In March of 2020, COVID-19 roared into reality and demanded a quick and agile response from the project leads. Through the first few months of COVID-19, they were forced to slow down and reassess their approach due to a complete shift to remote and virtual work. Thanks to the iterative and agile project approach taken by the working group, the project quickly switched to online consultations and virtual working group meetings. The second phase of consultation (summer 2020) was rooted in a rich suite of online content (including detailed visuals and explanatory videos) and on-the-ground informational tools (printed information boards were installed for a month in each neighbourhood, and printed questionnaires were distributed with a drop off box for submission). The planned format for the third phase of consultation was modified into a co-creation workshop that focused community engagement energy on developing ideas for the implementation of the plan.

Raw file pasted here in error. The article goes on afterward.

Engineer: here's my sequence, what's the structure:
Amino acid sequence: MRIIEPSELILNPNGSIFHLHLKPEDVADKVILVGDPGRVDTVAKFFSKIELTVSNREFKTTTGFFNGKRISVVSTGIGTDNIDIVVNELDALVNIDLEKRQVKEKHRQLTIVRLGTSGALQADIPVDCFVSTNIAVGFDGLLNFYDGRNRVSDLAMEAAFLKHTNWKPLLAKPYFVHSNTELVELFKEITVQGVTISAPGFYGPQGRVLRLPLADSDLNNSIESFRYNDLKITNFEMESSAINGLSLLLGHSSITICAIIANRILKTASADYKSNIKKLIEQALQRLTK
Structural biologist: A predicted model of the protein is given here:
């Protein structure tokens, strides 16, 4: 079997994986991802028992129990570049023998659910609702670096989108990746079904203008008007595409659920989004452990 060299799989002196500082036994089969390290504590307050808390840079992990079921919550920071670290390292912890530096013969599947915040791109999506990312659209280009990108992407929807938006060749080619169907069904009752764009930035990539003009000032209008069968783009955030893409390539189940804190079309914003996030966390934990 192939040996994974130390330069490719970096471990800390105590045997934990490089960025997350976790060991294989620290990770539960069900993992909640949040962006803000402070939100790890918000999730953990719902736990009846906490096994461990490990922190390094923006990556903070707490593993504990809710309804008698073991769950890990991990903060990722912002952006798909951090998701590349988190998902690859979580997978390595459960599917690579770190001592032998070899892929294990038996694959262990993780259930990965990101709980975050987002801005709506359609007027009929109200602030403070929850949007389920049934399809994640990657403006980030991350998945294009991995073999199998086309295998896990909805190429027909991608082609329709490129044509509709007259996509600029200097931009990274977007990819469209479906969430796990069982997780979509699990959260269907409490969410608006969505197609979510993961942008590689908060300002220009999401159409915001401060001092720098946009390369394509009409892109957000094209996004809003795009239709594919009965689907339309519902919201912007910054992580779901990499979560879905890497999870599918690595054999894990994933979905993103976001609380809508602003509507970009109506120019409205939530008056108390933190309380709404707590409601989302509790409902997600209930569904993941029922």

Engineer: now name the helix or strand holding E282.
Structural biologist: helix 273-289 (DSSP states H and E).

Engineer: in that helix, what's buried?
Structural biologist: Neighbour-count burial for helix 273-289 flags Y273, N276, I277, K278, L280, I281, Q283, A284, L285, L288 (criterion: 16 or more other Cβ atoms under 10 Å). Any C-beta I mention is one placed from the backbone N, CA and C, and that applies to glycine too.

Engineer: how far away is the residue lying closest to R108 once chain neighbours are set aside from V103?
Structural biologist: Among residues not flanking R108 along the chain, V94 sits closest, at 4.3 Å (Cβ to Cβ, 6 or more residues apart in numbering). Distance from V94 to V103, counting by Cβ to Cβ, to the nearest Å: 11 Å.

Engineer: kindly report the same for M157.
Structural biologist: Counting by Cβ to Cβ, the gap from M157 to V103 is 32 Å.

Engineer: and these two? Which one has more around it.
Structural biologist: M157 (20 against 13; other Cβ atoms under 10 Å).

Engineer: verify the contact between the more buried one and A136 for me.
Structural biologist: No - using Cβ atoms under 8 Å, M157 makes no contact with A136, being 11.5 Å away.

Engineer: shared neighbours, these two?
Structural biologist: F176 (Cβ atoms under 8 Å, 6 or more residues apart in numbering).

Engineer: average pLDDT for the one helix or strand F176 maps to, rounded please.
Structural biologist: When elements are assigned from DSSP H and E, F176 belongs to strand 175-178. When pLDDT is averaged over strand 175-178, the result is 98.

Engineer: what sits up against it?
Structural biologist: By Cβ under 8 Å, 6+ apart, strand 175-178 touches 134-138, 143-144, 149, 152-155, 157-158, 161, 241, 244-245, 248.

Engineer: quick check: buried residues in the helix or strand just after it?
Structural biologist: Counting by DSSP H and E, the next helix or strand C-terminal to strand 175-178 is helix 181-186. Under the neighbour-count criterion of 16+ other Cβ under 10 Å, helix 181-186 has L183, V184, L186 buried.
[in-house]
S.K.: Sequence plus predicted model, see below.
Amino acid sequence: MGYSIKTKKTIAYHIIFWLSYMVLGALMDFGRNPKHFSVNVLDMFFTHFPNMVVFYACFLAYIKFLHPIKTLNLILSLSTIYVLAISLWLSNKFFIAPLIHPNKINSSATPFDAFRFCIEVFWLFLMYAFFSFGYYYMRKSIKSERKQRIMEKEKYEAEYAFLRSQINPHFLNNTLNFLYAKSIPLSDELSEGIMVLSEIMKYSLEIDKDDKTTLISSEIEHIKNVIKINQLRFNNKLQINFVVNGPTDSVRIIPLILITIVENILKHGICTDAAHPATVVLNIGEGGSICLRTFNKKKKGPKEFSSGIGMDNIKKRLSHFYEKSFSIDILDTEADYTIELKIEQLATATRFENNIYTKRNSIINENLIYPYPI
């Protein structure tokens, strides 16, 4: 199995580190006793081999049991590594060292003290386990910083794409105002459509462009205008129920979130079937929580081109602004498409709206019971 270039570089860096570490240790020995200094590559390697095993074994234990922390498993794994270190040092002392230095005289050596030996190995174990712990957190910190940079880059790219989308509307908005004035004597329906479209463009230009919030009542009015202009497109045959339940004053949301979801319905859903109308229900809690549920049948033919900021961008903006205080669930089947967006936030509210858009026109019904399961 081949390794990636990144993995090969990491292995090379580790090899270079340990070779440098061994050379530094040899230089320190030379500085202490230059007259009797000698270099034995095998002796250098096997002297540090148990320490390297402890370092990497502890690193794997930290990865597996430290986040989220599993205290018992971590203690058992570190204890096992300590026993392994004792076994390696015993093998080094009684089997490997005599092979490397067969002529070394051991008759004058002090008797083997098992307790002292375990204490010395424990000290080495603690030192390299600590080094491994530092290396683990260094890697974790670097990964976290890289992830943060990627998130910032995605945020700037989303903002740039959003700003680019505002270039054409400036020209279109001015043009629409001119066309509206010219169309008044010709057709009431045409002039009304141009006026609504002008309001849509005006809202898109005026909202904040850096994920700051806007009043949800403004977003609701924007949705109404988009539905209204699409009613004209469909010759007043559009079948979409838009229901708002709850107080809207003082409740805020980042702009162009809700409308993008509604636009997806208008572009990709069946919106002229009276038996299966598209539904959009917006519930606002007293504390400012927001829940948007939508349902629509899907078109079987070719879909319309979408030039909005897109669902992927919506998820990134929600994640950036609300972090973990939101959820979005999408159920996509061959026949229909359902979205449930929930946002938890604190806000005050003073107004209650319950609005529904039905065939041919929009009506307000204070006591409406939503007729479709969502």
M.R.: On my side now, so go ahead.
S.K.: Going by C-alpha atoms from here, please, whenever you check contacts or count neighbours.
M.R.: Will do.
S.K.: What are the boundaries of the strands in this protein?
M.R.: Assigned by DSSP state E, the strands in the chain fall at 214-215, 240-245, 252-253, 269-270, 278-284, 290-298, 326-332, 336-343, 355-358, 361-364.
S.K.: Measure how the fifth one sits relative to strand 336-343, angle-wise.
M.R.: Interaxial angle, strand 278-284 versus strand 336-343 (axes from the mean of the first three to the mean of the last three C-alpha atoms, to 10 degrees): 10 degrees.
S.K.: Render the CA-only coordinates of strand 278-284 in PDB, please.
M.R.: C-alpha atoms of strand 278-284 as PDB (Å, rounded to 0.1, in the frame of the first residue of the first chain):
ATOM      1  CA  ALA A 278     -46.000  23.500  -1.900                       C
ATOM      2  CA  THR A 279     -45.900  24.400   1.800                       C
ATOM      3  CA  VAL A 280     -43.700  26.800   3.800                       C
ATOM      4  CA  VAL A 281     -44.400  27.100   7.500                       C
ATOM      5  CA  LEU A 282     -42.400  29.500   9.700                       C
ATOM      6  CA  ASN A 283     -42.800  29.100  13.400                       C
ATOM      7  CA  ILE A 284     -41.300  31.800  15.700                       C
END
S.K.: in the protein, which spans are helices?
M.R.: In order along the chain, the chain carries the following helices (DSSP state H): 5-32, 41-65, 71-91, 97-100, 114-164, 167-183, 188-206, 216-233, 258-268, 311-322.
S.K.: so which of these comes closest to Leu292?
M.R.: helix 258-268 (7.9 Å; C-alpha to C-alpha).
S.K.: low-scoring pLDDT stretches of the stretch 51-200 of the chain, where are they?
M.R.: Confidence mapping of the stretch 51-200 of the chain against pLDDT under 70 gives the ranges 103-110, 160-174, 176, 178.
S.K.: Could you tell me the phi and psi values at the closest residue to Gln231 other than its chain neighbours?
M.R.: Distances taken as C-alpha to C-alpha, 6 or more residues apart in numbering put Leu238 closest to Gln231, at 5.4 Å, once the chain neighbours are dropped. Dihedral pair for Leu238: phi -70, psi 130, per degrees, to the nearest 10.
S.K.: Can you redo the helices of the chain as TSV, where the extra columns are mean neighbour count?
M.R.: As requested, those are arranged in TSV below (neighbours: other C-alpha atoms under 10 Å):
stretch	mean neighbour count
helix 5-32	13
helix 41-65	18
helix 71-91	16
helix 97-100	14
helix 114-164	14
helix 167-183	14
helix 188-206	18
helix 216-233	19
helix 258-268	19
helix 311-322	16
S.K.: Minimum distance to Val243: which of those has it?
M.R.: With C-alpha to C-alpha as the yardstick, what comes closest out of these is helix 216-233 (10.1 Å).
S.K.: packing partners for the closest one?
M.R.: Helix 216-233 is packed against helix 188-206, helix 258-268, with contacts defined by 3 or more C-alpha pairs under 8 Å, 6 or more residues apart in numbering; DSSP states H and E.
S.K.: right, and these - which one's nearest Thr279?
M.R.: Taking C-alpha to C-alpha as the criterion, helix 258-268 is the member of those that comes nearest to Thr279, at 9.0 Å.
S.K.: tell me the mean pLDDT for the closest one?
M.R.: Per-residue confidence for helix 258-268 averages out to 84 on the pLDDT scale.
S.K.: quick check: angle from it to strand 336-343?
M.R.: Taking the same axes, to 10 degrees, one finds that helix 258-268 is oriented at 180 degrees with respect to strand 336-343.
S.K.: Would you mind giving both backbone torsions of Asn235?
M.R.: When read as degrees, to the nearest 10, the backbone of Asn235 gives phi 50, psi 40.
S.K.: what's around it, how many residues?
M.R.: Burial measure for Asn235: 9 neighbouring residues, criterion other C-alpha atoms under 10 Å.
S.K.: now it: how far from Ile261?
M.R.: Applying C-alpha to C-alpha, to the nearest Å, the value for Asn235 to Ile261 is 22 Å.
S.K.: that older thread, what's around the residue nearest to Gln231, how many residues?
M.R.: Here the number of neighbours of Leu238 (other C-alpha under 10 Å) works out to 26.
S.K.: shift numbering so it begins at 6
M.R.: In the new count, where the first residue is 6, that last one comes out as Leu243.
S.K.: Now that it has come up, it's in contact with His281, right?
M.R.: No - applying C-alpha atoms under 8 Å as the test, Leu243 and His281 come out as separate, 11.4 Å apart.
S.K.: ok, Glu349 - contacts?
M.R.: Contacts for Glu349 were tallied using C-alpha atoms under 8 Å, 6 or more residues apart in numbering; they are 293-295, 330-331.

Project Champions

A central aspect of the project included the creation of a working group. Leveraged to ensure broad community engagement and proper buy-in from the right stakeholders, the working group represented local government, residents, community organizations and supporting partners. The Working Group committee met six times throughout the project timeline to monitor the progress and process of the project.

Project Leads:

  • Laurence Coulombe (CREDDO - coordinator)
  • Caroline Magar (Consultant in participatory planning, Amis des parcs / Park People)
  • Manon Otto (Designer, MANDAWORKS Design Studio)

Working Group Members included:

  • Benoit Delage (CREDDO - Executive Director)
  • Myriam Nadeau (Ville de Gatineau - municipal councillor of Pointe-Gatineau)
  • Jean-François Leblanc (the City of Gatineau - municipal councillor of Lac-Beauchamp)
  • Magdalena Dudek (Ville de Gatineau - service center)
  • Catherine Marchand (Ville de Gatineau - Urban planning and sustainable development department)
  • Suzie Perreault (Citizen of Pointe-Gatineau)
  • Mélanie Sarazin (Integrated urban revitalization of Old Gatineau)
  • Gille Delaunais, Direction de santé publique de l'Outaouais - Agente de planification, programmation et recherche Santé environnementale